Urs Leimgruber / Alex Huber
SWITZERLAND WIDE EAR RECORDS WER018 CD (2015)
This is probably a pretty exciting live recording for fans of saxophone and drums duos, which its press release posits as “A journey through natural tones and tribal music, mixed with free jazz…”. Off-kilter atmospheres hint at deviant electronics initially on the first piece “Swift” briefly, but then the free jazz hits you pretty much immediately with terminal force. As far as “tribal music” goes though, having listened to this album a lot over the past few weeks, I’m not sure I got that memo. Not that it’s important.
Swiss saxophonist Urs Leimgruber has been active since 1983. He has recorded with many others including notable Brits Evan Parker on their 2010 duo long player, Twine, and with Roger Turner on 2012’s The Pancake Tour. Alex Huber is responsible for drums and percussion on Lightnings and is somewhat of a polymath as far as I can ascertain; as well as recording, producing, mixing and mastering this release himself, he also happens to be the co-founder of Wide Ear Records, and is a committee member of WIM Zurich; an organisation which provides a “working space” in the city for improvising musicians. Huber has had the privilege of performing with musicians such as Tristan Honsinger, Achim Kaufmann, Tobias Delius, Matthias Schubert and Christian Weber.
All the pieces presented here have a melodic component; some more than others. “Swift”, “Shaped” and “Resistant” all showcase’s Urs Leimgruber’s hard blowing style while “Resistant” and “Struck” get more into an eastern vibe possibly referencing John Coltrane or Pharoah Sanders’ more “spiritual” output. You might see this as a parallel to the UK’s Nat Birchall perhaps, with split tone techniques from Leimgruber, piles of agitated percussion and beaters in place of sticks in Alex Huber’s hands. Birchall’s work is more faithful to the concept; Leimgruber and Huber may have the chops, but I don’t think they feel the music in quite the same way. Their approach on “Struck” is more abstract than “Resistant”; there’s less of the emotionally overblown sax; in fact it sounds like the saxophone is allowed to influence Hubers’ pile of percussion in an interesting way around four minutes in. When “Resistant” ends, it is with a melodic flourish rather than the resolved exploration promised by its beginning. Great as this sounds, after these casual nods to the type of sound-making that is more often found in EAI, by the end Leimgruber has predictably resorted back to a melodic approach and the album as a whole ends just as it began.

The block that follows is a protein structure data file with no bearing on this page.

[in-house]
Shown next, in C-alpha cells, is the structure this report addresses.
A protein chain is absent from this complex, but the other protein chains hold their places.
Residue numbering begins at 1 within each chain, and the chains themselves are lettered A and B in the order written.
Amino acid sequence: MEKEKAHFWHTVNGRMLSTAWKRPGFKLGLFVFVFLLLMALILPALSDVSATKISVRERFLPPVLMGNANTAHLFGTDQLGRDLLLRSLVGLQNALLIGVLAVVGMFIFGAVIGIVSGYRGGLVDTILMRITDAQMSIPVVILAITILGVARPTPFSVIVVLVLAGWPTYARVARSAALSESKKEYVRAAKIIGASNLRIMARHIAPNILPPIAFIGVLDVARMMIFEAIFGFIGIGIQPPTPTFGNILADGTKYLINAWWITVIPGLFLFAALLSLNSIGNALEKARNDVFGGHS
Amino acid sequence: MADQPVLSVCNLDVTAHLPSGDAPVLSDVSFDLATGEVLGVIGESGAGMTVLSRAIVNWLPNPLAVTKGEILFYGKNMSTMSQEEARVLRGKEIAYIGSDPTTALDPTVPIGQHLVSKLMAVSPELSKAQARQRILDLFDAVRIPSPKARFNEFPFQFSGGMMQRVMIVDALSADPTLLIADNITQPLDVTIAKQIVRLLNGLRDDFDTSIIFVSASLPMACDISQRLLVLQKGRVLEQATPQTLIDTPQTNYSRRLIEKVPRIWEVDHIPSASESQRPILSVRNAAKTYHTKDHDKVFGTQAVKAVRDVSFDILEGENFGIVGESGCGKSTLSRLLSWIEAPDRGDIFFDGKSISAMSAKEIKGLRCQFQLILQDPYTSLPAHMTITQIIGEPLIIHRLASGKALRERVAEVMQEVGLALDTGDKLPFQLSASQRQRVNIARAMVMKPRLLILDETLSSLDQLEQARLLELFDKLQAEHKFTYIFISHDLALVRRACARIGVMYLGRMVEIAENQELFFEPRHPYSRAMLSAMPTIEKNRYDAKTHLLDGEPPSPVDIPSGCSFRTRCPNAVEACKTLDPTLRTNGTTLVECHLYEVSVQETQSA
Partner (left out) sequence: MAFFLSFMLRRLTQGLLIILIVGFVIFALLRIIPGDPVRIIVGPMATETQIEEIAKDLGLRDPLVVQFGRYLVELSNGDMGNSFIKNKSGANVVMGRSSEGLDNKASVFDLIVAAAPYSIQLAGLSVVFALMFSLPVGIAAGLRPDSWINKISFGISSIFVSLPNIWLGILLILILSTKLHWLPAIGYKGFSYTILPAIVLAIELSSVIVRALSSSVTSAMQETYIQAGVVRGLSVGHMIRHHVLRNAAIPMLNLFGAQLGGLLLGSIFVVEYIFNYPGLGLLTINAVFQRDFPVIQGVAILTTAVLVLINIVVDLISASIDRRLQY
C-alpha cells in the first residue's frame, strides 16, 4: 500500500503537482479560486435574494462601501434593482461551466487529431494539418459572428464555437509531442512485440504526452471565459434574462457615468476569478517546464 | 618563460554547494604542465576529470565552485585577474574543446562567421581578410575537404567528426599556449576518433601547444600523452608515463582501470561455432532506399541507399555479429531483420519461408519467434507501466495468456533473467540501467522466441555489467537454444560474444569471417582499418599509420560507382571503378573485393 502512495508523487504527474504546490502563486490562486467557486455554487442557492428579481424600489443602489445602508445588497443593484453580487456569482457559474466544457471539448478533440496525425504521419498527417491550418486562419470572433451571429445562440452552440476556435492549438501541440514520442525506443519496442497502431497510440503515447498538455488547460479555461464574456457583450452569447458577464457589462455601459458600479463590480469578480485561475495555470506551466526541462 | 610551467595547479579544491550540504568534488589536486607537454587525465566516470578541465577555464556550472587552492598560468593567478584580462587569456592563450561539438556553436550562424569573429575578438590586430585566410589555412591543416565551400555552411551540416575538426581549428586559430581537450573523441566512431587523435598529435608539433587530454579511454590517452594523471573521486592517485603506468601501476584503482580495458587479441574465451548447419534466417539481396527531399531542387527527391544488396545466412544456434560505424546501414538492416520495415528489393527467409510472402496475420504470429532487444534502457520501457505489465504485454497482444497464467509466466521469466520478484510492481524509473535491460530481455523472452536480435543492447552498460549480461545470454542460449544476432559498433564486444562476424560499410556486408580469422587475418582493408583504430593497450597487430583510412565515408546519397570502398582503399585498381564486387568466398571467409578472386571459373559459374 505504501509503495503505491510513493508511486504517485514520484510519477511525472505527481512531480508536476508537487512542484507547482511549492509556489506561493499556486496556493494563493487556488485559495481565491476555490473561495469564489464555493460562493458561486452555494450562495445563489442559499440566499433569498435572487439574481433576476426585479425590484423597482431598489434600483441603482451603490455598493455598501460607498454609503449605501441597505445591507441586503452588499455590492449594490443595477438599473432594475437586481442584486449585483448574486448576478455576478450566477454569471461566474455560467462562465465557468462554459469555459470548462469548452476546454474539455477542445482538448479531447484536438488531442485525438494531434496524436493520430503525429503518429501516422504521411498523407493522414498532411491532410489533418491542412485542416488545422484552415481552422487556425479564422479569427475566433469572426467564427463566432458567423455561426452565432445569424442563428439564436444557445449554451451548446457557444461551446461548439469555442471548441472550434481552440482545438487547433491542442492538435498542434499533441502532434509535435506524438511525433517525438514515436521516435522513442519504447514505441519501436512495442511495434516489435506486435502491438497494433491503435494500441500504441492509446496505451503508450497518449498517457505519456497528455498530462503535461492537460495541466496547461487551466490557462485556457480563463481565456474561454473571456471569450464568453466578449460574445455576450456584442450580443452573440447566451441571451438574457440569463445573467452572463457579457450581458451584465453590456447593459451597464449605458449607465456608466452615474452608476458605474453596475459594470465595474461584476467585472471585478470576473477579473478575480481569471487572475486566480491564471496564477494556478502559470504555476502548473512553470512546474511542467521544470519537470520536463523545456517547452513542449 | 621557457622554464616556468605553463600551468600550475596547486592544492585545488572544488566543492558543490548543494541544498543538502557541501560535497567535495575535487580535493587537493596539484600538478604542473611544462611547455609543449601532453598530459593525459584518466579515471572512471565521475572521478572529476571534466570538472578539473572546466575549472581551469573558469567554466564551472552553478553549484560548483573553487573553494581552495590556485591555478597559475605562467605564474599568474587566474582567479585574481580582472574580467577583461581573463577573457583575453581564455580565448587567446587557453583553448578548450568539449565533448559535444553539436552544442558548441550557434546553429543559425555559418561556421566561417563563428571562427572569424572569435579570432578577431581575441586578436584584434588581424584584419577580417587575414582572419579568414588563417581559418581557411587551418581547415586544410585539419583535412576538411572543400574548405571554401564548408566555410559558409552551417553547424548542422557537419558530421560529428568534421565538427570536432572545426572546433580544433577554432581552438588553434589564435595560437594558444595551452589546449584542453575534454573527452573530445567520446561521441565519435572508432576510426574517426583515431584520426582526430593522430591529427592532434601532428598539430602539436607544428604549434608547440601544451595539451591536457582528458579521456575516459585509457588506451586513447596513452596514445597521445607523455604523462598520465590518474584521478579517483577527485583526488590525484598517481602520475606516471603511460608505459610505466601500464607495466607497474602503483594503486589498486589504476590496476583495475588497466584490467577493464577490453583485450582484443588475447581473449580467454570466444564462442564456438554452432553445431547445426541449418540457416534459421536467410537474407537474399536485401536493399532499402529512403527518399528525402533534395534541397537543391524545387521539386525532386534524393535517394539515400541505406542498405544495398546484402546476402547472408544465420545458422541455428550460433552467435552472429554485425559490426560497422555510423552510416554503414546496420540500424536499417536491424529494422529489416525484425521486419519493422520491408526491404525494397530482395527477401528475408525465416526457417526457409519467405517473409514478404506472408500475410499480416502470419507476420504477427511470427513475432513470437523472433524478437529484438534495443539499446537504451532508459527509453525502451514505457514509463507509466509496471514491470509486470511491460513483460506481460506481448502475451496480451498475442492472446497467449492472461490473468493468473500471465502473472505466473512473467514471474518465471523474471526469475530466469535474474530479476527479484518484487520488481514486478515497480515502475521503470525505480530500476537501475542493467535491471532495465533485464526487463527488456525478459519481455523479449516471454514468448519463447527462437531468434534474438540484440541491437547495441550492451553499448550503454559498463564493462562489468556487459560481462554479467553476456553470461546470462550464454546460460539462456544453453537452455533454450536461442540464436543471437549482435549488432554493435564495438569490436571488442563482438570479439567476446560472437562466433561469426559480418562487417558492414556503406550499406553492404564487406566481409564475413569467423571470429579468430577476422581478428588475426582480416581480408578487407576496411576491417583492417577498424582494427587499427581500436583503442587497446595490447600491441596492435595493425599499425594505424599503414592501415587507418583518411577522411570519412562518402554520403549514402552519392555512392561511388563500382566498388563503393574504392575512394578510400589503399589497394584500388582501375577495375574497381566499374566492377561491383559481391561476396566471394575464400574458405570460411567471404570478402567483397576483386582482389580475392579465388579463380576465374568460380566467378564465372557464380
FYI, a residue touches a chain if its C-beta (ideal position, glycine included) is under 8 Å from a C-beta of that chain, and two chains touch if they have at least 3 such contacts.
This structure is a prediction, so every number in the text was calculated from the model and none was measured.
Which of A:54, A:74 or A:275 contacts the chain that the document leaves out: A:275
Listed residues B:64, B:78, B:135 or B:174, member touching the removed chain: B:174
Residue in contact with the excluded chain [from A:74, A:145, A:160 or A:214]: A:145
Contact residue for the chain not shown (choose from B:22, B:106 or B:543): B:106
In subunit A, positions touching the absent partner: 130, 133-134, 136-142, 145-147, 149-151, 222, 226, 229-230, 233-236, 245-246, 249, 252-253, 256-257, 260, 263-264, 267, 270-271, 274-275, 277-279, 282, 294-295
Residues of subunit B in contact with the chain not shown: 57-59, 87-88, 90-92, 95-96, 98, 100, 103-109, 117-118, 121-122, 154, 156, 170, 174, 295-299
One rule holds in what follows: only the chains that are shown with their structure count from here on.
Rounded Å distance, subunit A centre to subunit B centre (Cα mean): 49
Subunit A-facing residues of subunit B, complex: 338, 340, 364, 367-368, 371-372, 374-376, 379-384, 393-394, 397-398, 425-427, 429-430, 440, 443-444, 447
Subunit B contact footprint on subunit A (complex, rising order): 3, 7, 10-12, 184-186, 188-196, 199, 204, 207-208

Overall, the sound and mood of Lightnings is fairly dry and I might even go as far as to speculate whether Huber’s almost total technical involvement was a good idea. I understand how easily one can become emotionally attached to a project, but sometimes, more than one pair of ears is helpful. Certainly, it is possible for a work to suffer under the stresses of control-freakery or egotism if one person is allowed to dominate too much. I’m not necessarily saying that this is the case here, but I wonder if a third party had been sought for the mastering job at least, the result might have sounded that bit tighter and more powerful.